Author(s): Michele Steinberg. Published on June 2, 2022.

Listen to Linnea

A high school student from Oregon explains the National Cohesive Wildland Fire Management Strategy in an engaging six-minute video 

How does the federal government impact your life? That was the question posed by the organizers of StudentCam, an annual C-SPAN video documentary competition that encourages middle- and high-school students to think critically about issues that affect their communities and the nation. Among the 2022 winners recently announced was Linnea Gebauer, a talented high school senior from Klamath Falls, Oregon, whose six-minute video, “Fire Season,” manages to do nothing less than explain the National Cohesive Wildland Fire Management Strategy (NCWFMS) in compelling detail. Gebauer brings this sprawling and somewhat obscure concept to life, highlighting the real and serious impacts of policy ranging from land management to community development to fuels reduction.

“Fire Season” opens with a brief shot of a wooded, snow-covered landscape. Gebauer steps into the frame, turns to the camera, and gets to work. “Right now I’m in the Fremont-Winema National Forest, just north of Beatty, Oregon,” she says. “With all this snow, it’s hard to imagine that, just last summer, all of this was on fire.” Her reference is to last year’s Bootleg Fire, the third-largest wildfire in Oregon’s history. She proceeds to weave interviews and video clips of national experts, me included, on the changes in the length of the annual fire season, the increasing home and community losses, and the spiraling costs of fighting wildfires. Moving quickly from problem statement to a set of solutions, Gebauer deftly breaks down the three goals of the National Cohesive Strategy: resilient landscapes, fire-adapted communities, and safe and effective wildfire response. She highlights specific techniques to help reach the goals, including prescribed fire to manage forest fuels, defensible space and wildfire prevention to protect homes and communities, and nationwide risk identification to better guide local and state governments to allocate firefighting and preparedness resources.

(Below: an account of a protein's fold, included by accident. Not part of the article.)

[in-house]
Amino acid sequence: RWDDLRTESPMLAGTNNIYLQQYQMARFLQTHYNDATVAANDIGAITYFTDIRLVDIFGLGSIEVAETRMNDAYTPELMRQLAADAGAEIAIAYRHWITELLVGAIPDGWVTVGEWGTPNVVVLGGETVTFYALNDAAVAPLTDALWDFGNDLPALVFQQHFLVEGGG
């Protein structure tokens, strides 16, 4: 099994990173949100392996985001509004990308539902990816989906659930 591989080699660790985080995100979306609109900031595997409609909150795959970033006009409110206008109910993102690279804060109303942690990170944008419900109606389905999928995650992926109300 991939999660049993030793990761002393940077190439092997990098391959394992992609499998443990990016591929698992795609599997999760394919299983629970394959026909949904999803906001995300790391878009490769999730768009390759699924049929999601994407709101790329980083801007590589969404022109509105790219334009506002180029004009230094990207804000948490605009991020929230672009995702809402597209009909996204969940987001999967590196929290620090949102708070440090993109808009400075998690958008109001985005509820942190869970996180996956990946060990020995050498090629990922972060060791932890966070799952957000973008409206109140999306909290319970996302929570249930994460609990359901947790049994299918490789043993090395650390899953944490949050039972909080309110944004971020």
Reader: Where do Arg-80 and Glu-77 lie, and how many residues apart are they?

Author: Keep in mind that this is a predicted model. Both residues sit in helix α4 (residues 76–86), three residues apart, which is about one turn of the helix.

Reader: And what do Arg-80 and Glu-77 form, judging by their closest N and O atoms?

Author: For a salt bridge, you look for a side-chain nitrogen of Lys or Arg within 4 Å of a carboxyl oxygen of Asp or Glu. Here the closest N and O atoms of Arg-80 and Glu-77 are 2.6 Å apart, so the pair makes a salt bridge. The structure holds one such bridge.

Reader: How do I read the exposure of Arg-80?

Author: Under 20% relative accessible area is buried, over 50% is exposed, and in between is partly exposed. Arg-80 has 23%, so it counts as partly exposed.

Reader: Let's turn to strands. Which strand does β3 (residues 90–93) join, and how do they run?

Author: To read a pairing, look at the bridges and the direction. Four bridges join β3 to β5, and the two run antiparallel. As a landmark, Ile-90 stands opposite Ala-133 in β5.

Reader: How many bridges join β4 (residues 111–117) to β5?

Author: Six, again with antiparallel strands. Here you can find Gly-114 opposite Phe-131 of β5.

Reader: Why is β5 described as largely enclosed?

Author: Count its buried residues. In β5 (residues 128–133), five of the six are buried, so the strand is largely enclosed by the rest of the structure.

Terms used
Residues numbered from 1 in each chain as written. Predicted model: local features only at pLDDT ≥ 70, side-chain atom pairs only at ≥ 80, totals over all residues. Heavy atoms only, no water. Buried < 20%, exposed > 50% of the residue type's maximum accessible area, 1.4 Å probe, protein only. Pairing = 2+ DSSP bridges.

Earlier this year, “Fire Season” was posted on the StudentCam website and on YouTube. It didn’t take long before the wildfire community was abuzz—or perhaps a-Twitter. State foresters, public information officers, wildland firefighters, and the leaders of the NCWFMS itself took to social media to praise the clear and concise way that Gebauer told their story and outlined their goals. As someone working in the trenches of wildfire policy at NFPA, I was heartened to know that a high school student was able to translate the most important elements of key policy approaches in a personal and appealing way—a reminder that the reasons for the NCWFMS are as compelling today as they were when it was created in 2010. “Fire Season” earned a second place among high-school entries in the western division, which brought Gebauer not only prize money but the broadcast of her work on CSPAN’s networks in April. The video, along with the rest of this year’s winners and past winners, can be viewed at

As gleeful as some of us wildfire geeks are to see a young person share our concerns and obsessions with the wider world in such a skillful way, it’s clear that this student takes the challenge of the wildfire crisis seriously. “Our world is changing, and we need to change with it,” Gebauer concludes. “Wildland fire does not recognize jurisdictional boundaries. In an increasingly divided America, the National Cohesive Strategy stresses the importance of crossing jurisdictional, political, and cultural boundaries in order to prioritize the safety of our landscapes and our communities.”

It’s also clear to students like Linnea Gebauer that failure to change policy now will impact the future they inherit. May today’s leadership listen carefully to the young people who are pointing the way to a more sustainable tomorrow.

Michele Steinberg is director of the wildfire division at NFPA. Illustration: Michael Hoeweler